“That’s Driscoll, all over,” he said. “Put him on a case, and he don’t say much, and he don’t look like he’s doing anything, and then all in a minute he’ll bring in the goods.”
“I’d be glad to hear the cause of that death,” said Dr. Crowell, musingly. “I’m an old, experienced practitioner, and I’ve never seen anything so mysterious. There’s absolutely no trace of any poison, and yet it can be nothing else.”
“Poison’s a mighty sly proposition,” observed Shane. “A clever poisoner can put over a big thing.”
“Perhaps your assumption of murder is premature,” said Hendricks, and he gave Shane a sharp look.
“Maybe,” and that worthy nodded his head. “But I’m still standing pat. Now, here’s the proposition. Three people, locked into a suite—you may say—of three rooms. No way of getting in from this side—those locks are heavy brass snap-catches that can’t be worked from outside. No way, either, of getting in at the windows. Tenth-story apartment, and the windows look straight down to the ground, no balconies or anything like that. Unless an aryoplane let off its passengers, nobody could get in the windows. Well, then, we have those three people shut up alone there all night. In the morning one of ’em is dead —poisoned. What’s the answer?”
He stared at Eunice as he talked. It was quite evident he meant to frighten her—almost to accuse her.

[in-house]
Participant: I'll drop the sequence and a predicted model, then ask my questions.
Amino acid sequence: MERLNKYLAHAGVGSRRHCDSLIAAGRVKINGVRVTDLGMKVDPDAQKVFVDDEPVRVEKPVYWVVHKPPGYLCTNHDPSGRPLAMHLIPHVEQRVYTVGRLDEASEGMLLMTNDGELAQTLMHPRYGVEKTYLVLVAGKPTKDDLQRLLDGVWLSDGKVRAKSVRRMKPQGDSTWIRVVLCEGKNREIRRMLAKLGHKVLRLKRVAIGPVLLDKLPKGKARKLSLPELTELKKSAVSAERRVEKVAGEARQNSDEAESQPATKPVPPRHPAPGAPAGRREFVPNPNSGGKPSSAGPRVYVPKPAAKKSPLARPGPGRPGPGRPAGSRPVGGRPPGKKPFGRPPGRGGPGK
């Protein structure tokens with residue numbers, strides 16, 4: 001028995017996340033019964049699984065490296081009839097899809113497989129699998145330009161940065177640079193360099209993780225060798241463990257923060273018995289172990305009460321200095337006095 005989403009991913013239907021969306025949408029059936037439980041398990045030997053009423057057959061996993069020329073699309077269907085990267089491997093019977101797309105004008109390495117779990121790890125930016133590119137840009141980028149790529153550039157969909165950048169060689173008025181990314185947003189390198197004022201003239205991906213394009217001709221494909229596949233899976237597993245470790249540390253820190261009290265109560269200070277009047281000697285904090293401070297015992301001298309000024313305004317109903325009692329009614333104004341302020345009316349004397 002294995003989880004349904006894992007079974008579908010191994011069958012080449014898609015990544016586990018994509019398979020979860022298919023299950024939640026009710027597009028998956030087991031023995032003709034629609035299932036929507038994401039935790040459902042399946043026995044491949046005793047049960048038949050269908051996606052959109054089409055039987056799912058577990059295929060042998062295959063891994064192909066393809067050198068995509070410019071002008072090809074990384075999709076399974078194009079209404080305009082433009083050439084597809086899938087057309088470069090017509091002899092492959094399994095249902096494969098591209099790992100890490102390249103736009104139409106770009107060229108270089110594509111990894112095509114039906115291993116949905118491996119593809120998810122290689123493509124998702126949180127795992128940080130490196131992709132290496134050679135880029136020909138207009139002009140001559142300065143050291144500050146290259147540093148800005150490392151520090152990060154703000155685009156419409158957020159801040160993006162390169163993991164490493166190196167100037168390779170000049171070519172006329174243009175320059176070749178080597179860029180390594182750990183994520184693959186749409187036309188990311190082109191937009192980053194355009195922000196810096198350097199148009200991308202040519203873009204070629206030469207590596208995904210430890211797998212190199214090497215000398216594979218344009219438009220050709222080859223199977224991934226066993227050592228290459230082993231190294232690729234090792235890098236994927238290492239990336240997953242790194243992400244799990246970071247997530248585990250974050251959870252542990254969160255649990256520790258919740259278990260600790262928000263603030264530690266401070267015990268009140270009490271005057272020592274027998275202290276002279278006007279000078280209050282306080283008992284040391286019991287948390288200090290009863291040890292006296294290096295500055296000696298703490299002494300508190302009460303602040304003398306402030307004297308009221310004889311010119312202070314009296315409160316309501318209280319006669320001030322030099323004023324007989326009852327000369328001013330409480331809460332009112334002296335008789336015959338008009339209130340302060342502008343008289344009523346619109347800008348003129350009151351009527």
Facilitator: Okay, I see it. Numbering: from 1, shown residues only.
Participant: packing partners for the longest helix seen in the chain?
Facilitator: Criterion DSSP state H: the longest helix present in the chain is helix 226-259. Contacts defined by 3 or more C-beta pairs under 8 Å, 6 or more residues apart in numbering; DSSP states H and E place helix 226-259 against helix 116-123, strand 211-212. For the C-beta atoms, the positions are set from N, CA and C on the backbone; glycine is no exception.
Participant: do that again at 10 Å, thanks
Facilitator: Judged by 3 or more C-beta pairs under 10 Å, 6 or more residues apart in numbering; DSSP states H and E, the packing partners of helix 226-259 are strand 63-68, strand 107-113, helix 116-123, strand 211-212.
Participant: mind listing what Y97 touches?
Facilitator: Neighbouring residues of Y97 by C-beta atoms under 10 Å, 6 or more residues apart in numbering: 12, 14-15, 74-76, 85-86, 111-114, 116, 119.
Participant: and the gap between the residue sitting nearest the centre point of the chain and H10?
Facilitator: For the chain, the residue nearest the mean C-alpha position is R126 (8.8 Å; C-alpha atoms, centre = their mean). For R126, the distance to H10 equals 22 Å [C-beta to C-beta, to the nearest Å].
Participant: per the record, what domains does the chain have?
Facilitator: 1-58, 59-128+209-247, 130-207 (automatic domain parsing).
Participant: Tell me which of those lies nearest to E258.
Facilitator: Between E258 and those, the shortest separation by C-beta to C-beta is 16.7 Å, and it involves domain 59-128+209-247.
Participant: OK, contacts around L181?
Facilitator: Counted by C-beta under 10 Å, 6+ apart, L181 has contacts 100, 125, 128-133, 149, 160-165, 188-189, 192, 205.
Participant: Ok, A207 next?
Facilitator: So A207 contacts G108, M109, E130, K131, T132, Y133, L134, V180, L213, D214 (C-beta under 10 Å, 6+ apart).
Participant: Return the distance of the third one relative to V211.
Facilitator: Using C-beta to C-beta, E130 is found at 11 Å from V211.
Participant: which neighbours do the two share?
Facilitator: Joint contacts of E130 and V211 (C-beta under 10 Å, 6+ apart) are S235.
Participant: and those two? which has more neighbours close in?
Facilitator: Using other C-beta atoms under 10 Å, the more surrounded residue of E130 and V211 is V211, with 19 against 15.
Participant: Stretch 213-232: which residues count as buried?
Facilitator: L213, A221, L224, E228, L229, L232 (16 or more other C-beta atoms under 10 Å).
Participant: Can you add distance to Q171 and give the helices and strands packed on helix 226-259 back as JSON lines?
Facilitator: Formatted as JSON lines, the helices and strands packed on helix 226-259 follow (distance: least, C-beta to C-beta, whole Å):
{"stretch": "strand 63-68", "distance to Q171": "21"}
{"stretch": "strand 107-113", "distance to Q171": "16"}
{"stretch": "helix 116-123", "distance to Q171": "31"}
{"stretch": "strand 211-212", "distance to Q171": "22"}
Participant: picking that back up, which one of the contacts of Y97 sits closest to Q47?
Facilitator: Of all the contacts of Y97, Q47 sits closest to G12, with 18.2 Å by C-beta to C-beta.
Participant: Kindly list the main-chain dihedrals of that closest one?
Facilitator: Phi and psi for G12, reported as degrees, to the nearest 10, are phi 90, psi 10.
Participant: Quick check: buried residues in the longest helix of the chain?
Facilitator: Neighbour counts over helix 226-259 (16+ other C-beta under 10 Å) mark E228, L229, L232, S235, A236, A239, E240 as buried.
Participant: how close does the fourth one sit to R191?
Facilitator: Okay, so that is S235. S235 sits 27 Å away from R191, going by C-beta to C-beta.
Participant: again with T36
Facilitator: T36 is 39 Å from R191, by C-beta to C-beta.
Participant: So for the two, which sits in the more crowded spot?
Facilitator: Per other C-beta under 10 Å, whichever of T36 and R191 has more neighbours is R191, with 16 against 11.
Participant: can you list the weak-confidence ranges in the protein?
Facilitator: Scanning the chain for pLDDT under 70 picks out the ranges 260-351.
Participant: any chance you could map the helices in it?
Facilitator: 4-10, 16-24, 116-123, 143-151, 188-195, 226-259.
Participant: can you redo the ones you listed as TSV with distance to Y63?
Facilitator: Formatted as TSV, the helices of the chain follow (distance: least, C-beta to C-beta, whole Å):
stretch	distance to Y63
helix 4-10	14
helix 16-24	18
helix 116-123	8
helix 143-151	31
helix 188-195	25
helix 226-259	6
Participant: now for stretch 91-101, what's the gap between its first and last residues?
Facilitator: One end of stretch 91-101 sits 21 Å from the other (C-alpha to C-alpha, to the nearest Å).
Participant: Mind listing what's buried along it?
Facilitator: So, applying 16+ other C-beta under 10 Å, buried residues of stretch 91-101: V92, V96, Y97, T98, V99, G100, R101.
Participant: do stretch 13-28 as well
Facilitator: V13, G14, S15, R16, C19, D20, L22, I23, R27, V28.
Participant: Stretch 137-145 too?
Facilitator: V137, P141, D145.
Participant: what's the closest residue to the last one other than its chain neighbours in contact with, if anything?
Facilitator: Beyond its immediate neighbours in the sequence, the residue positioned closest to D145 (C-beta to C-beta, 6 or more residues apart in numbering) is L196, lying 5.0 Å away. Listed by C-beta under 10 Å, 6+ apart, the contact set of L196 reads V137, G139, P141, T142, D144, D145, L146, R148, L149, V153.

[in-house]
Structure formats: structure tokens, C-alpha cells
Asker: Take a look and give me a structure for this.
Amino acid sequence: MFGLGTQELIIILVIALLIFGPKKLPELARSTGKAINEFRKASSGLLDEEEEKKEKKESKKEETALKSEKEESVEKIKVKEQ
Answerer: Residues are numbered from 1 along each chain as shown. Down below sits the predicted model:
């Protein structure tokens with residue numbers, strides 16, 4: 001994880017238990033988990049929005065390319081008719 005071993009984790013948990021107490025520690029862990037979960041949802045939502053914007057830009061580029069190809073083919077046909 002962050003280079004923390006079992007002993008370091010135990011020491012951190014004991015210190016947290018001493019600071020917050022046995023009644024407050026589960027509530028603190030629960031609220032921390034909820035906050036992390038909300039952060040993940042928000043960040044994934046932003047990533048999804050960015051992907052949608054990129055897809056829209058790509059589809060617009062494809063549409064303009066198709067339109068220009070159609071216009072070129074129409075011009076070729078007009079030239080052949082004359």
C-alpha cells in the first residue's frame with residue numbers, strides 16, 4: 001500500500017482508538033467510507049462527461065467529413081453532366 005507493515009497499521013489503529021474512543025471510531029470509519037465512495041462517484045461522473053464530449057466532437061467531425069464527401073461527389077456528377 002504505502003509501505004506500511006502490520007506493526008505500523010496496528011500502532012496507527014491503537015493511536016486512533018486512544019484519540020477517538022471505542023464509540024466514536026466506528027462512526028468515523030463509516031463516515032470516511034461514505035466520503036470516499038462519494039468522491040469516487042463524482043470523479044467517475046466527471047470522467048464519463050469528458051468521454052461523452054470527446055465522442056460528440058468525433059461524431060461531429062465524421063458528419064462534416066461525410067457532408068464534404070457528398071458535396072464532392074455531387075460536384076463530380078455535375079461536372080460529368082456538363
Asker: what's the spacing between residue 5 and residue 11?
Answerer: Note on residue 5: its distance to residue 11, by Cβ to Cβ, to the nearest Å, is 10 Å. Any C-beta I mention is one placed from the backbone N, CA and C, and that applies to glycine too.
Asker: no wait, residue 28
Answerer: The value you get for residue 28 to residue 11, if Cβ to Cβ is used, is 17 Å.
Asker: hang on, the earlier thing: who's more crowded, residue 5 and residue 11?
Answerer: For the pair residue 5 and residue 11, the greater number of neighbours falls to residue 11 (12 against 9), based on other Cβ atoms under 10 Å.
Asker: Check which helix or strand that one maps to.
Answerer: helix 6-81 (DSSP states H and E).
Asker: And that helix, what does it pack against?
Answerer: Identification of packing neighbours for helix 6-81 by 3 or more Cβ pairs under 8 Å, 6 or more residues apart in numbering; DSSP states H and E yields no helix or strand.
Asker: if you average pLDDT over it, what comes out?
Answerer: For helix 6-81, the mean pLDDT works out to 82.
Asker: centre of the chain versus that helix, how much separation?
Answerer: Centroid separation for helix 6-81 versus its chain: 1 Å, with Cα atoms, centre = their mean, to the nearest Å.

But with her strange contradictoriness, she smiled at him.
“You have stated a problem, Mr. Shane, to which there can be no answer. Therefore, that is not the problem that confronts us.”
“Fine talk—fine talk, lady, but it won’t get you anywhere. To the unbiased, logical mind, the answer must be that it’s the work of the other two people.”
“Then yours is not a logical or unbiased mind,” Hendricks flared out, “and I object to your making implications. If you are making accusations, do so frankly, and let us know where we stand I If not, shut up!”
Shane merely looked at him, without resenting this speech. The detective appeared to be marking time as he awaited the return of his partner.
And Driscoll returned, shortly. His manner betokened success in his quest, whatever it may have been, and yet he looked distressed, too.
“It’s a queer thing,” he said, half to himself, as he fell into a chair Shane pushed toward him. “Mrs, Embury, do you keep an engagement book?”
“Why, yes,” replied Eunice, amazed at the question put to her.
“Let me see it, please.”
Eunice went for it, and, returning, handed the detective a finely bound volume.
Hastily he ran over the dates, looking at notes of parties, concerts and theatres she had attended recently. At last, he gave a start, read over one entry carefully, and closed the book.
Abruptly, then, he went back to Embury’s room, asking Dr. Crowell to go with him.